Translation: Luffy, Foresight News
Recently, the author @the_LeticiaMelo from DappRadar published a popular article about Ordinals, claiming that Ordinals’ transaction volume has decreased by 97% since May, but this data is not accurate.
Subsequently, this article was reposted by Brian Quarmby from Cointelegraph, further exacerbating the spread of misinformation.
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For those who are not familiar, you might think that DappRadar has conducted in-depth research. But DappRadar has made mistakes before. I remember when DappRadar launched Stacks integration in 2022, they made a major announcement and all the data was incorrect. They launched a dashboard that ranked applications based on TVL, active users, and other metrics, but none of the data was accurate.
Unfortunately, this article about Ordinals is another example of DappRadar publishing incorrect information.
Where did DappRadar go wrong?
1. Incorrect transaction volume data
DappRadar claimed that Ordinals had a transaction volume of $452 million in May and $35 million in July. A 92% decrease from July to May. Is this correct? No.
According to @cryptoslamio data, the transaction volume of Ordinals in May was $195 million, and in July it was $65 million.
I know, there is still a significant decrease of 66%, but the story it tells is completely different from DappRadar.
Let’s look at another set of data. The Ordinals Marketplaces Dune data panel from @domodata shows that the sales volume of Ordinals in May was $155 million, and in July it was $50 million. This is almost the same as the 68% decline shown by CryptoSlam.
There is no doubt that the market is experiencing a decline after a period of hype, but as you can see, DappRadar’s data on the extent of the decline is not accurate.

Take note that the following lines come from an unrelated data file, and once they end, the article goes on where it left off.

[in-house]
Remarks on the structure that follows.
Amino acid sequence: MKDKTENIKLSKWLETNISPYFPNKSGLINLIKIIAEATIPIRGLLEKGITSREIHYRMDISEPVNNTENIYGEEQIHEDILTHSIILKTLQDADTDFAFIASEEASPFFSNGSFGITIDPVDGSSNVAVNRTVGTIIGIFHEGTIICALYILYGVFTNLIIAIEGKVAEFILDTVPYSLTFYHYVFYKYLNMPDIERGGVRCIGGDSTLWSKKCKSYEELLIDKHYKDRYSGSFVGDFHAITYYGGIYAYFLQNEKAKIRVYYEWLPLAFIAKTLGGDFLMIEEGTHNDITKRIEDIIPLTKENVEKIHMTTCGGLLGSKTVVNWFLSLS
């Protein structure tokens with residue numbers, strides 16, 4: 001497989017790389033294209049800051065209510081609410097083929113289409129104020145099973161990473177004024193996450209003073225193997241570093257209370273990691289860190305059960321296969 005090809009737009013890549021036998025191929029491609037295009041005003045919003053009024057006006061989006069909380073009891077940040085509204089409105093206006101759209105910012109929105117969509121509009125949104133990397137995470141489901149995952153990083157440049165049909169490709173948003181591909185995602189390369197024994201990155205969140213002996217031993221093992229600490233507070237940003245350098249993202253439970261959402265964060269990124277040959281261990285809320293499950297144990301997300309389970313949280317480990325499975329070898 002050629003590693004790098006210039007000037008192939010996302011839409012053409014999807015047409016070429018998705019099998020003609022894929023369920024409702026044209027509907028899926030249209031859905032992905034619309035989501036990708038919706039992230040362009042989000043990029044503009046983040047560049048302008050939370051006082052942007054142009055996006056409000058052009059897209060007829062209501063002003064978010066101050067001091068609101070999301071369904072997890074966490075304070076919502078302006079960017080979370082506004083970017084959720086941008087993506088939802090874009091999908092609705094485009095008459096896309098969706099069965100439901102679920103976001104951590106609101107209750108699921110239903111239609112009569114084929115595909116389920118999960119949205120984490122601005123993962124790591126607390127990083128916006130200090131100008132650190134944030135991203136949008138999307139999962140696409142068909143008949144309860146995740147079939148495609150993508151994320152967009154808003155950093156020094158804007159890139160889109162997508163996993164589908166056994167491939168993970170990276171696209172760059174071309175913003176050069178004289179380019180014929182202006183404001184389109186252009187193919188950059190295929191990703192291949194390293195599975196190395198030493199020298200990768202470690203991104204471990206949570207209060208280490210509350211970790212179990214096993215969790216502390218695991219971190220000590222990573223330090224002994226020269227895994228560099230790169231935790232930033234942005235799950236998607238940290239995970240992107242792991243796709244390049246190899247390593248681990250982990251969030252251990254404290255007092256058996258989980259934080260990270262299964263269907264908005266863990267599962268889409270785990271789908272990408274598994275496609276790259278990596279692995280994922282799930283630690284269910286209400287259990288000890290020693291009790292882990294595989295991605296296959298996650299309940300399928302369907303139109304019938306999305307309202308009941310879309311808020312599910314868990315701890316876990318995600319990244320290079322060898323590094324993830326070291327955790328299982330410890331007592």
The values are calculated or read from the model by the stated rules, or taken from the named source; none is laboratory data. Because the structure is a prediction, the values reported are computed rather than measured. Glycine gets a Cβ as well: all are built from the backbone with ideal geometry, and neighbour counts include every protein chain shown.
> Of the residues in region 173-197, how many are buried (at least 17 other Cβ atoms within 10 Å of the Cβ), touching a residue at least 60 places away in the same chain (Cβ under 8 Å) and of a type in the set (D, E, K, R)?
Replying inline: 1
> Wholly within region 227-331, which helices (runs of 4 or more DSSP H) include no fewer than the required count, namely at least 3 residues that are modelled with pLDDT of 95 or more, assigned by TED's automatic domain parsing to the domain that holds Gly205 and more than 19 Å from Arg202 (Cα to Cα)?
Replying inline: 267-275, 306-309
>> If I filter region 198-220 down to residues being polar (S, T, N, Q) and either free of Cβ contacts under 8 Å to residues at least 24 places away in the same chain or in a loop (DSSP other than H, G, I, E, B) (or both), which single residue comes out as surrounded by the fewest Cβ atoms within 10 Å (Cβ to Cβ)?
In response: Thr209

Math geeks know that a 92% decrease is more severe than a 67% decrease followed by another 67% decrease.
So DappRadar’s data is not only inaccurate but also highly misleading.
2. No mention of BRC-20
DappRadar’s article did not mention BRC-20.
According to Dune’s data, 74% of the sales in May came from BRC-20, and I believe this is a major oversight.
Why? The article compares the trend of BRC-20 + Bitcoin NFT transaction volume with Ethereum and Polygon NFT transaction volume. When writing an article about NFTs, inappropriate data should not be mixed.
3. Comparing ATH during a hype cycle with mature ecosystems outside the hype cycle is meaningless
Quote from Leticia, the author of DappRadar:
“Bitcoin Ordinals is facing a larger decline, which suggests concerns about the utility of its platform or its NFT products.
It is important to understand that while Bitcoin Ordinals brings innovation, Ethereum and Polygon have longer-standing reputations and wider applications in the NFT field, making them less susceptible to market volatility.”
This raises the question, has Ethereum’s NFT trading volume experienced a significant decline in the past two months?
Yes, they have also been unable to escape the fate of decline.
According to Dune’s analysis:
- From January to March 2023, NFT trading volume on Ethereum dropped by 49%
- From April to June 2023, NFT trading volume on Ethereum dropped by 77%
The decline in trading volume experienced by Ordinals is not uncommon in the NFT hype cycle. In fact, the situation in April 2023 was worse for Ethereum.
Remember, even Bitcoin, which fell from a high of $68,000 to a low of $16,000, a decline of 76%, although the time range of Bitcoin’s decline was much longer.
Did Ordinals accelerate the hype cycle? Absolutely.
Did the trading volume of Ordinals significantly decrease compared to its peak? Yes.
Could it fall further? Of course.
But so what?
The Ordinals market is no different from any other new asset in the field, and it is no different from what we have seen in other NFT ecosystems.
History, in a sense, always repeats itself. Many people know that a decline will happen sooner or later, but that doesn’t change my belief in the technology or the future of the field.